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Earlier this month, Ivorian writer and literary translator Edwige-Renée Dro opened a library focused on women’s writing from the continent and black diaspora. The library is located in Yopougon, Abidjan and is open to members of the public.

The Library is called 1949 to commemorate the contributions of Ivorian women — 2000 of them—who, in 1949, matched against colonial power.

As Dro puts in the promotional video, the goal of the project is “to shine the light upon all the contributions, the stories of black and African women that have been buried. To unearth them.”

Libraries are great additions to communities because of how enriching they are. But a library centered on women’s work and their history is even more so. It’s a necessity. There is so much to celebrate about this project, how timely it is, how needed it is, and just how inspiring it is. Dro has created a space where the community can gather around questions about women’s lives and their histories.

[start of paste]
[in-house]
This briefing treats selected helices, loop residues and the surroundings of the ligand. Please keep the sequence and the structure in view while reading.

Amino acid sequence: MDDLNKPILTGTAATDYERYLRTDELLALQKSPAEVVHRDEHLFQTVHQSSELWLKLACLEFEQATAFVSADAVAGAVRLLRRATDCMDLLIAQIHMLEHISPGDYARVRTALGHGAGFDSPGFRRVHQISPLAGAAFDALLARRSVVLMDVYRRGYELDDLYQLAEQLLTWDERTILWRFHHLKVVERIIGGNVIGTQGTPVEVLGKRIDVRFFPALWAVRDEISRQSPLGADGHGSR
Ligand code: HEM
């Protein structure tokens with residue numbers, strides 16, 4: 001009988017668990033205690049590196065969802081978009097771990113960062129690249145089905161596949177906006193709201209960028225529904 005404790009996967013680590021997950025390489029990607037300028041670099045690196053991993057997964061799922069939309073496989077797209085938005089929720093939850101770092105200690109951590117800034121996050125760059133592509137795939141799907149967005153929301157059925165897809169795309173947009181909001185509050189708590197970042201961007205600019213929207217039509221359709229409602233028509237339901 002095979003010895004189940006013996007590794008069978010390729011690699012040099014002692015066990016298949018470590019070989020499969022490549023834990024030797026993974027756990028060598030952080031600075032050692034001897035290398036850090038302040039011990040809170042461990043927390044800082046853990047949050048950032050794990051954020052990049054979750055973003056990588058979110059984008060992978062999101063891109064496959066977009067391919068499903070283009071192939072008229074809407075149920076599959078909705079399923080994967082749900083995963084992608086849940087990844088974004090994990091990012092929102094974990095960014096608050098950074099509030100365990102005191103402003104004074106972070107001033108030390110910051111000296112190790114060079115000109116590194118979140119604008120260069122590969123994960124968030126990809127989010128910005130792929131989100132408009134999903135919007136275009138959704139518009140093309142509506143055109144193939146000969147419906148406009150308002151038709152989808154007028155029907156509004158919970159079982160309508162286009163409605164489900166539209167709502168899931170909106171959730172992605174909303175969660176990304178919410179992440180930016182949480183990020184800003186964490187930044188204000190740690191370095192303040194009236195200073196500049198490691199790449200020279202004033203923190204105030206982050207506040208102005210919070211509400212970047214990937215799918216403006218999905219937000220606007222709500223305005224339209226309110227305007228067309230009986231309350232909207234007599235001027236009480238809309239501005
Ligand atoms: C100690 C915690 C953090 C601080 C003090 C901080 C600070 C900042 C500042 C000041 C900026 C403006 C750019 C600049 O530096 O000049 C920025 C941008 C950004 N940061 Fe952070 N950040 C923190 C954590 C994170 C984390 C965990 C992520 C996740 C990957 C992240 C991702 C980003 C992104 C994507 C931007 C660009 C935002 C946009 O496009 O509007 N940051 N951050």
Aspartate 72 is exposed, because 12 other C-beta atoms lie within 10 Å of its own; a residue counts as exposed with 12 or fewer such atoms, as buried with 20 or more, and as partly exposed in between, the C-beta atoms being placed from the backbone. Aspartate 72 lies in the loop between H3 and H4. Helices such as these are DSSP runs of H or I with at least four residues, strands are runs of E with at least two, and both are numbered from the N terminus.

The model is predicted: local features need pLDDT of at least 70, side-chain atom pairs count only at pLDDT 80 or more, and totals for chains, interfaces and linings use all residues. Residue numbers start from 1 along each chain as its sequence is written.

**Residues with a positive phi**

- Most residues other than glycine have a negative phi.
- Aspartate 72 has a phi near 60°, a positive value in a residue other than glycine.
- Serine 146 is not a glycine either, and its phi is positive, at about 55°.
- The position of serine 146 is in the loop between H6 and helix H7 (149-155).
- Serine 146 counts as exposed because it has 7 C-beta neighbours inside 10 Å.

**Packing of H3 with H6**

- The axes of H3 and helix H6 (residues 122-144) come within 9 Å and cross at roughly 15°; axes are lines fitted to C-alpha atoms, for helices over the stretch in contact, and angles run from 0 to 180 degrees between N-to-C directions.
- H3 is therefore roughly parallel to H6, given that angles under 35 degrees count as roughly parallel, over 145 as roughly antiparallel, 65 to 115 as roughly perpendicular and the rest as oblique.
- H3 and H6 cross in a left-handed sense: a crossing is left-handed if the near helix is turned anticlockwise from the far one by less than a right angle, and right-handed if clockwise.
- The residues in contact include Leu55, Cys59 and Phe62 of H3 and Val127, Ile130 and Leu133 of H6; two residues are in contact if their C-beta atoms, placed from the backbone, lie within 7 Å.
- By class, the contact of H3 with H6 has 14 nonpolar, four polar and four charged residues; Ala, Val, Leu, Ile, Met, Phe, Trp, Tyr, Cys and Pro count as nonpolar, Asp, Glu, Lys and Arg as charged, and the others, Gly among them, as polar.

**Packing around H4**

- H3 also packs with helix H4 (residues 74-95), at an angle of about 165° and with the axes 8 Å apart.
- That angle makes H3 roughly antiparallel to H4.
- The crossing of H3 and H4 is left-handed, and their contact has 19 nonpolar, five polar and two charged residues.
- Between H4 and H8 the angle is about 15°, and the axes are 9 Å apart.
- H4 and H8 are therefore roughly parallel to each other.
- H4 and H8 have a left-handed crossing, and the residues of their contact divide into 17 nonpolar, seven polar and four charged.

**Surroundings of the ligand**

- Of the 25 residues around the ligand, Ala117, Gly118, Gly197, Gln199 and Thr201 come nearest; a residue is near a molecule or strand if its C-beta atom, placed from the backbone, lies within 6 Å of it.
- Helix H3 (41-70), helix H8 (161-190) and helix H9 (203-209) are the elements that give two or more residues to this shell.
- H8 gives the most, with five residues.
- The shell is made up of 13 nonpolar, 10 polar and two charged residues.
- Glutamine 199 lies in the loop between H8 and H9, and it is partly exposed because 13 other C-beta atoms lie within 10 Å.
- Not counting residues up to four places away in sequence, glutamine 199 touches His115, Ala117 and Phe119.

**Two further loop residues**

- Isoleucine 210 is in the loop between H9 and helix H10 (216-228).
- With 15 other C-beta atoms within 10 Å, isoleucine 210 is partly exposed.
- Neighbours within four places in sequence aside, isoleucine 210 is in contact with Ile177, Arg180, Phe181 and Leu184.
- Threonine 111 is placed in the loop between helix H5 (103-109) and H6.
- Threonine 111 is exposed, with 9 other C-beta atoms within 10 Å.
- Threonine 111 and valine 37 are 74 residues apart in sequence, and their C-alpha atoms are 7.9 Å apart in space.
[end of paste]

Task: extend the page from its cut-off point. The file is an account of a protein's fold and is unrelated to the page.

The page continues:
Enjoy these photos of the lovely space!

 

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Ainehi Edoro is an Assistant Professor of English at the University of Wisconsin-Madison where she teaches African literature. She received her doctorate at Duke University. She is the founder and editor of Brittle Paper and series editor of Ohio University Press’s Modern African Writer’s imprint.

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